Guy Kawasaki – 5 Books you Must Read

I just got back from hearing Guy Kawasaki speak. It was essentially the same speech he gave the last time I heard him. It was fun to see friends. Plus when he asked if anyone in the audience Twitters, a good majority raised their hands.

The place was packed. It was annoying that no one could get a working microphone and it was obviously frustrating to Guy, though he kept a good sense of humor. He puts you instantly at ease. Also, I think Tahitian Noni was a co-sponsor based on how much he integrated noni juice into the talk.

I really wish I could’ve networked with the people in the room – probably 70% men. I’ll blog about his advice for them next – wait, Paul wrote about what Guy had to say about bloggers.

Here’s what I took away – Guy Kawasaki’s top 5 favorite books for entrepreneurs.

Christmas is coming (but why wait?).

  1. If You Want to Write: A Book about Art, Independence and Spirit by Brenda Ueland (substitute any word that describes what you want to do in life for the word write. So if you want to start a business, read it as: so you want to start a business).
    It’s written by a writing professor who taught at the University of Minnesota. It’s perfect for entrepreneurs because it talks about realizing goals. Guy said it changed his life.
  2. Crossing the Chasm
    In marketing you have a product and service to sell. Initially it may do well because early adopters will try it. Then you get a false sense of success. You have to work beyond the wall you’ll hit and reach new customers.
  3. The Innovator’s Dilemma: When New Technologies Cause Great Firms to Fail (Management of Innovation and Change Series)
    Many times entrepreneurs want to invent something and then spend time making the products better. The thing you need to do is keep innovating.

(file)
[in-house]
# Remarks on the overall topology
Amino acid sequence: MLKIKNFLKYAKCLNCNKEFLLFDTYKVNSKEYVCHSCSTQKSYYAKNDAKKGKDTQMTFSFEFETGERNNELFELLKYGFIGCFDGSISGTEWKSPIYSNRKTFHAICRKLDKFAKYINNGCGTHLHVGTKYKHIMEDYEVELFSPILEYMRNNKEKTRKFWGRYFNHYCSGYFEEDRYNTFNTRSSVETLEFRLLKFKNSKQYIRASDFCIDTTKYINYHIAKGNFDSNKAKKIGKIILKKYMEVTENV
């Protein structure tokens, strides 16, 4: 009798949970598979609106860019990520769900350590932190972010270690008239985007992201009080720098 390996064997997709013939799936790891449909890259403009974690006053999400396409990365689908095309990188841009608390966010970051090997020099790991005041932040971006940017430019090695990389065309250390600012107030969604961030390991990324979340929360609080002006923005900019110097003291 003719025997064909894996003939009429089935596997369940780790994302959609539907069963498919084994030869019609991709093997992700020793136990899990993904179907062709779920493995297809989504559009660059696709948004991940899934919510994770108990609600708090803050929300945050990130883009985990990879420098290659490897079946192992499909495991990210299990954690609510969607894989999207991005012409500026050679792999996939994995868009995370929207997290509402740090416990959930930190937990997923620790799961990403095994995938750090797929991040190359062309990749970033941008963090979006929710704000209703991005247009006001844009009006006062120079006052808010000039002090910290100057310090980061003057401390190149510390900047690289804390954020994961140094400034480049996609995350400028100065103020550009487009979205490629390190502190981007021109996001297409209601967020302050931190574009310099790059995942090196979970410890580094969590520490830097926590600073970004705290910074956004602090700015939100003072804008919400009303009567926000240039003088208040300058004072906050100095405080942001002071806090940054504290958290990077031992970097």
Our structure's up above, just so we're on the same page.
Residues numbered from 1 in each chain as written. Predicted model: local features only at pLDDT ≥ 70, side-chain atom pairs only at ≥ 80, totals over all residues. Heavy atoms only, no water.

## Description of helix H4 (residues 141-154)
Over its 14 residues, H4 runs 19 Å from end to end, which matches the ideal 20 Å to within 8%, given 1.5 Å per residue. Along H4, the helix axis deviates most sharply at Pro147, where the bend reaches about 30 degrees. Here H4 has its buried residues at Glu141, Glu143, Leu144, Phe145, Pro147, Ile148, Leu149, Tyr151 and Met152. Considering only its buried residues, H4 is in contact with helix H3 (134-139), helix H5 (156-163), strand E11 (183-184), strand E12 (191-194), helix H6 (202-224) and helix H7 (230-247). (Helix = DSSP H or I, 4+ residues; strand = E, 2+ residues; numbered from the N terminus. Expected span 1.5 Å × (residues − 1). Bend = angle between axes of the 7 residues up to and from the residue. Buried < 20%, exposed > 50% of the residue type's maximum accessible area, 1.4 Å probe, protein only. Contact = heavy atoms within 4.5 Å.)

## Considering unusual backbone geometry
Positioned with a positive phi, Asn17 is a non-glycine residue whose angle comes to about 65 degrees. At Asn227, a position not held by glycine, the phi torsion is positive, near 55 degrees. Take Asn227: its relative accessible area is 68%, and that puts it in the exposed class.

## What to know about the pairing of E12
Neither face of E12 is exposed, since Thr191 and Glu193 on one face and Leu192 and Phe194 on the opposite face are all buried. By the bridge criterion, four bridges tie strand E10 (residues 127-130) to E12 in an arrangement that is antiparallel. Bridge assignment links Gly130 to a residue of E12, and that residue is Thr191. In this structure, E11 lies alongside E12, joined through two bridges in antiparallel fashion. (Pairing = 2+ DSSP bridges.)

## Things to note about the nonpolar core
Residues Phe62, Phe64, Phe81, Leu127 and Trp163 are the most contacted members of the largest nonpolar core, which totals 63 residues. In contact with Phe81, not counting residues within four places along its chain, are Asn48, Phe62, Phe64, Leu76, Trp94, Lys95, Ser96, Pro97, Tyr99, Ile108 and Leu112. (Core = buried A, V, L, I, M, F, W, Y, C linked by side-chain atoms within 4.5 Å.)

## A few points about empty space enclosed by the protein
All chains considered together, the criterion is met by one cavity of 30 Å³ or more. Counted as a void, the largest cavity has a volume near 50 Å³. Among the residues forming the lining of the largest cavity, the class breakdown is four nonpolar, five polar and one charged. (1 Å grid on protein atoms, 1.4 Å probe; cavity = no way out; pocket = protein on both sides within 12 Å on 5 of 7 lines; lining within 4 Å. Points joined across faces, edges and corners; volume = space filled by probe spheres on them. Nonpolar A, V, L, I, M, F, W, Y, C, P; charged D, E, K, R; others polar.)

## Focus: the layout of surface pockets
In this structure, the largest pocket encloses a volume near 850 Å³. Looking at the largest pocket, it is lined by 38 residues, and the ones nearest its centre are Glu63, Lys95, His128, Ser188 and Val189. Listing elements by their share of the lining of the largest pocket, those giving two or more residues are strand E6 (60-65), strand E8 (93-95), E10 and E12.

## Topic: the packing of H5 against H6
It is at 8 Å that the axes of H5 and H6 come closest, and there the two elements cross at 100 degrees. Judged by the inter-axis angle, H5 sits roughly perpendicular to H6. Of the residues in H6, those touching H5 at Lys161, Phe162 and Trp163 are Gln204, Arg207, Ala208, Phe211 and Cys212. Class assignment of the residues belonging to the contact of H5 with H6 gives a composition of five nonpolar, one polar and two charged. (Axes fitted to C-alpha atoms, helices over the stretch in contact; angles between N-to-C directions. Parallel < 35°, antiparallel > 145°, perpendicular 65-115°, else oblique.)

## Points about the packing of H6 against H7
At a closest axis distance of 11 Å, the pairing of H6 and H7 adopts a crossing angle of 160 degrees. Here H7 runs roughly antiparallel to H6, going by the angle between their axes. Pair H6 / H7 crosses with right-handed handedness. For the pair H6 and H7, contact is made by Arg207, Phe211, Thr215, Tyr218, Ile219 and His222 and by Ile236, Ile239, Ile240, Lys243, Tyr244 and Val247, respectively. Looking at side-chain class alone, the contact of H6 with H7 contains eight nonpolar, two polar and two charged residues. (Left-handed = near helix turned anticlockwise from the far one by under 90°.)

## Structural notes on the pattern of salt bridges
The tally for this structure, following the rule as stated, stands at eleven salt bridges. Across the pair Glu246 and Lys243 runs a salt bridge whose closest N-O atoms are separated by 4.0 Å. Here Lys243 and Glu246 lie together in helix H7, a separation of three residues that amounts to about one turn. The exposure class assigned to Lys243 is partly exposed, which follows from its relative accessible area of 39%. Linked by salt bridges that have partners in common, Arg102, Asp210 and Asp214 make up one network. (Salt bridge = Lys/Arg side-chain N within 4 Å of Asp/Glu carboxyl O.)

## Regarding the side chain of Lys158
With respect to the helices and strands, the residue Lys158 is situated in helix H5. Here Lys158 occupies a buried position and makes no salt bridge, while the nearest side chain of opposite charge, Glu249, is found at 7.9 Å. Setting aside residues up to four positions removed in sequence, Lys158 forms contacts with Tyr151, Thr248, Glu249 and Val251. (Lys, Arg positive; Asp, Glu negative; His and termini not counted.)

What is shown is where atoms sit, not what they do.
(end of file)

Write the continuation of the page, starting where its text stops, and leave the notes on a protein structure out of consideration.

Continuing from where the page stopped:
4. Uncommon Genius
    A book of interviews with people who are geniuses. John MacArthur formed the John D. and Catherine T. MacArthur Foundation, and the board of trustees created the MacArthur Prize, or “genius grant.” The award cannot be applied for, and it is not limited to any particular field of interest. Its purpose “is to promote those leaps of creative thinking that may occur when gifted people are left to their own devices.” For Uncommon Genius, Shekerjian interviewed forty MacArthur Prize winners about their creativity. It will inspire yours.
  5. Influence: Science and Practice (4th Edition)
    Written by a social psychologist about how to influence people. Guy calls it the Marketing Bible.

Tip: whenever you do something for someone (like write about them on your blog) and they thank you for it, you must have a response. This is it: “I know you would’ve done the same for me.” Basically, I know you and I know that you owe me one (you must blog about them). Reciprocity is beautiful.

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  1. Jesse Stay November 1, 2007
  2. Wendy Piersall November 5, 2007
  3. Jeremy hanks November 7, 2007

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